In many instances, Discover required school transcripts before it would approve and fund the loans. To satisfy this requirement, Coleman and others used the personal identifiers of the victims to obtain passwords to access Emory’s online portal and order the victims’ transcripts. The transcripts were mailed to other participants in the scheme, and Coleman then coordinated sending the transcripts to Discover. He also arranged for the loan proceeds to be deposited into bank accounts fraudulently opened in the victims’ names. After the loans were funded, other participants in the scheme obtained the funds via ATM withdrawals.
The investigation showed that the scheme began as early as May 2013, and continued until at least November 6, 2013. On that date, law enforcement officers, including federal agents, interviewed Russell regarding the scheme. Following the interview, the agents went to a second location, and then returned to Russell’s residence. When they arrived, agents became alarmed by a large volume of smoke they saw rising from Russell’s apartment. After entering the apartment, the agents found Coleman and Russell inside, with fire and smoke coming from the fireplace. The agents put out the fire with an extinguisher and discovered documents and computer equipment, including hard drives and at least one laptop, all either burned in the fire, dismantled or gouged.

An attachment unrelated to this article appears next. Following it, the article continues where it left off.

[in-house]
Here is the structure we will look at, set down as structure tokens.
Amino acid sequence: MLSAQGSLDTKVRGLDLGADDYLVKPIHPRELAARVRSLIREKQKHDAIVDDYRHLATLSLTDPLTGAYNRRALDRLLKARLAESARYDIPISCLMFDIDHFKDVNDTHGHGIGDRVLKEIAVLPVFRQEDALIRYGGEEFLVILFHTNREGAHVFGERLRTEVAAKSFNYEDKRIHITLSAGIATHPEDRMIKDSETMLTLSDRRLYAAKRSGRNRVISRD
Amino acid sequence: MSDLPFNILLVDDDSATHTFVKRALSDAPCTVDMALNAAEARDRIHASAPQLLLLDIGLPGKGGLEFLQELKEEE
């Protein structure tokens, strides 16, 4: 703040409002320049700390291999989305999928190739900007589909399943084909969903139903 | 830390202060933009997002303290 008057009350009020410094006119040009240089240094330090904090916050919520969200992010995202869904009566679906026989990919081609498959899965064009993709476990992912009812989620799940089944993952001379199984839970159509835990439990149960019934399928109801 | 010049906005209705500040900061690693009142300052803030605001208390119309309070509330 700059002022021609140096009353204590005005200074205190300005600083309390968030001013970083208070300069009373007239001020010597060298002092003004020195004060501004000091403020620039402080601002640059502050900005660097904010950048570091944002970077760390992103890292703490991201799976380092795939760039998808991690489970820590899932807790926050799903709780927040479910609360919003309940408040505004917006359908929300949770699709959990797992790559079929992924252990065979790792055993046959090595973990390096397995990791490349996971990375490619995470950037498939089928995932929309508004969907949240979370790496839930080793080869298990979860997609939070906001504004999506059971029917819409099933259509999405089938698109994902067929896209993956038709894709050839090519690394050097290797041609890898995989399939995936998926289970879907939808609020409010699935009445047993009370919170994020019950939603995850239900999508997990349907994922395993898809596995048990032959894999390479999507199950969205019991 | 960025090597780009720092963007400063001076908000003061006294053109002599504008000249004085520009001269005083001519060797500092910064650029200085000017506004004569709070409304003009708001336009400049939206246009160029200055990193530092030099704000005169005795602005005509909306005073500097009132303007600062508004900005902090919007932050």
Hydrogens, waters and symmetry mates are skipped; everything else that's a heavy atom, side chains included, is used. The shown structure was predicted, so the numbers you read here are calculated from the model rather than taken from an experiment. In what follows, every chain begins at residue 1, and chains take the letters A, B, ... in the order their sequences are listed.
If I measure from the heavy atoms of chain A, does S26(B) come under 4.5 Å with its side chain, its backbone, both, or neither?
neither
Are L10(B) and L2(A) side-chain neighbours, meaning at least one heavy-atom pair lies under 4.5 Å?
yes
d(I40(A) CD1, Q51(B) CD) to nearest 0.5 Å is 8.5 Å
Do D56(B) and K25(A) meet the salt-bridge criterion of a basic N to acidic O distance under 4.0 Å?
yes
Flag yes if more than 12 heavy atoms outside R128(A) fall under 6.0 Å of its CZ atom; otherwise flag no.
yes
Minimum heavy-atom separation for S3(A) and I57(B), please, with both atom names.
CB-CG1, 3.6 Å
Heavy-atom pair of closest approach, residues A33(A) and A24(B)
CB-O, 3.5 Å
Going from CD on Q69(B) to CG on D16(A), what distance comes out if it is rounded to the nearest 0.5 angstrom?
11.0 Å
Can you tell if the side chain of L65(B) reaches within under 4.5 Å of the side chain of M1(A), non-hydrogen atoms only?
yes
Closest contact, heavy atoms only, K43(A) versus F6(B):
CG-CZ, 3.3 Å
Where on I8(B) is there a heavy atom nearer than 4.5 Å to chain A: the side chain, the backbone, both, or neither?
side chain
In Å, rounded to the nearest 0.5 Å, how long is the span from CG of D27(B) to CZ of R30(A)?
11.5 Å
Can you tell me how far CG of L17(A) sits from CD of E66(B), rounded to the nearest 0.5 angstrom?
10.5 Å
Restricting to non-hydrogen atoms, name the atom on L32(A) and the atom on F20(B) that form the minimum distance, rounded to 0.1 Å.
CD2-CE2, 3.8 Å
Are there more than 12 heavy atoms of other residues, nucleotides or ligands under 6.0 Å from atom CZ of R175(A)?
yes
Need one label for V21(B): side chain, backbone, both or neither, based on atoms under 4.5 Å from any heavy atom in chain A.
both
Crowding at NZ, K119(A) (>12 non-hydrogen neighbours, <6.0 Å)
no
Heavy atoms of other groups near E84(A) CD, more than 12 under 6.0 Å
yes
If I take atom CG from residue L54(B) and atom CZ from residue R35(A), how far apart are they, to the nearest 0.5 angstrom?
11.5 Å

To date, investigators have identified over $200,000 in false loan applications. In addition, over 100 students at Emory and other Georgia universities have had their personal information compromised. The fraud was discovered when several Emory students contacted the Emory Police Department after realizing that their personal information had been compromised. The investigation is ongoing.
The indictment charges Coleman, 27, of Decatur, Ga., with one count of conspiracy to commit bank fraud, three counts of aggravated identity theft, one count of computer fraud, and one count of tampering with computers and documents. Russell, 42, of Dunwoody, Ga., is charged with one count of conspiracy to commit bank fraud, one count of aggravated identity theft, and one count of tampering with computers and documents. Both appeared before Linda T. Walker, United States Magistrate Judge.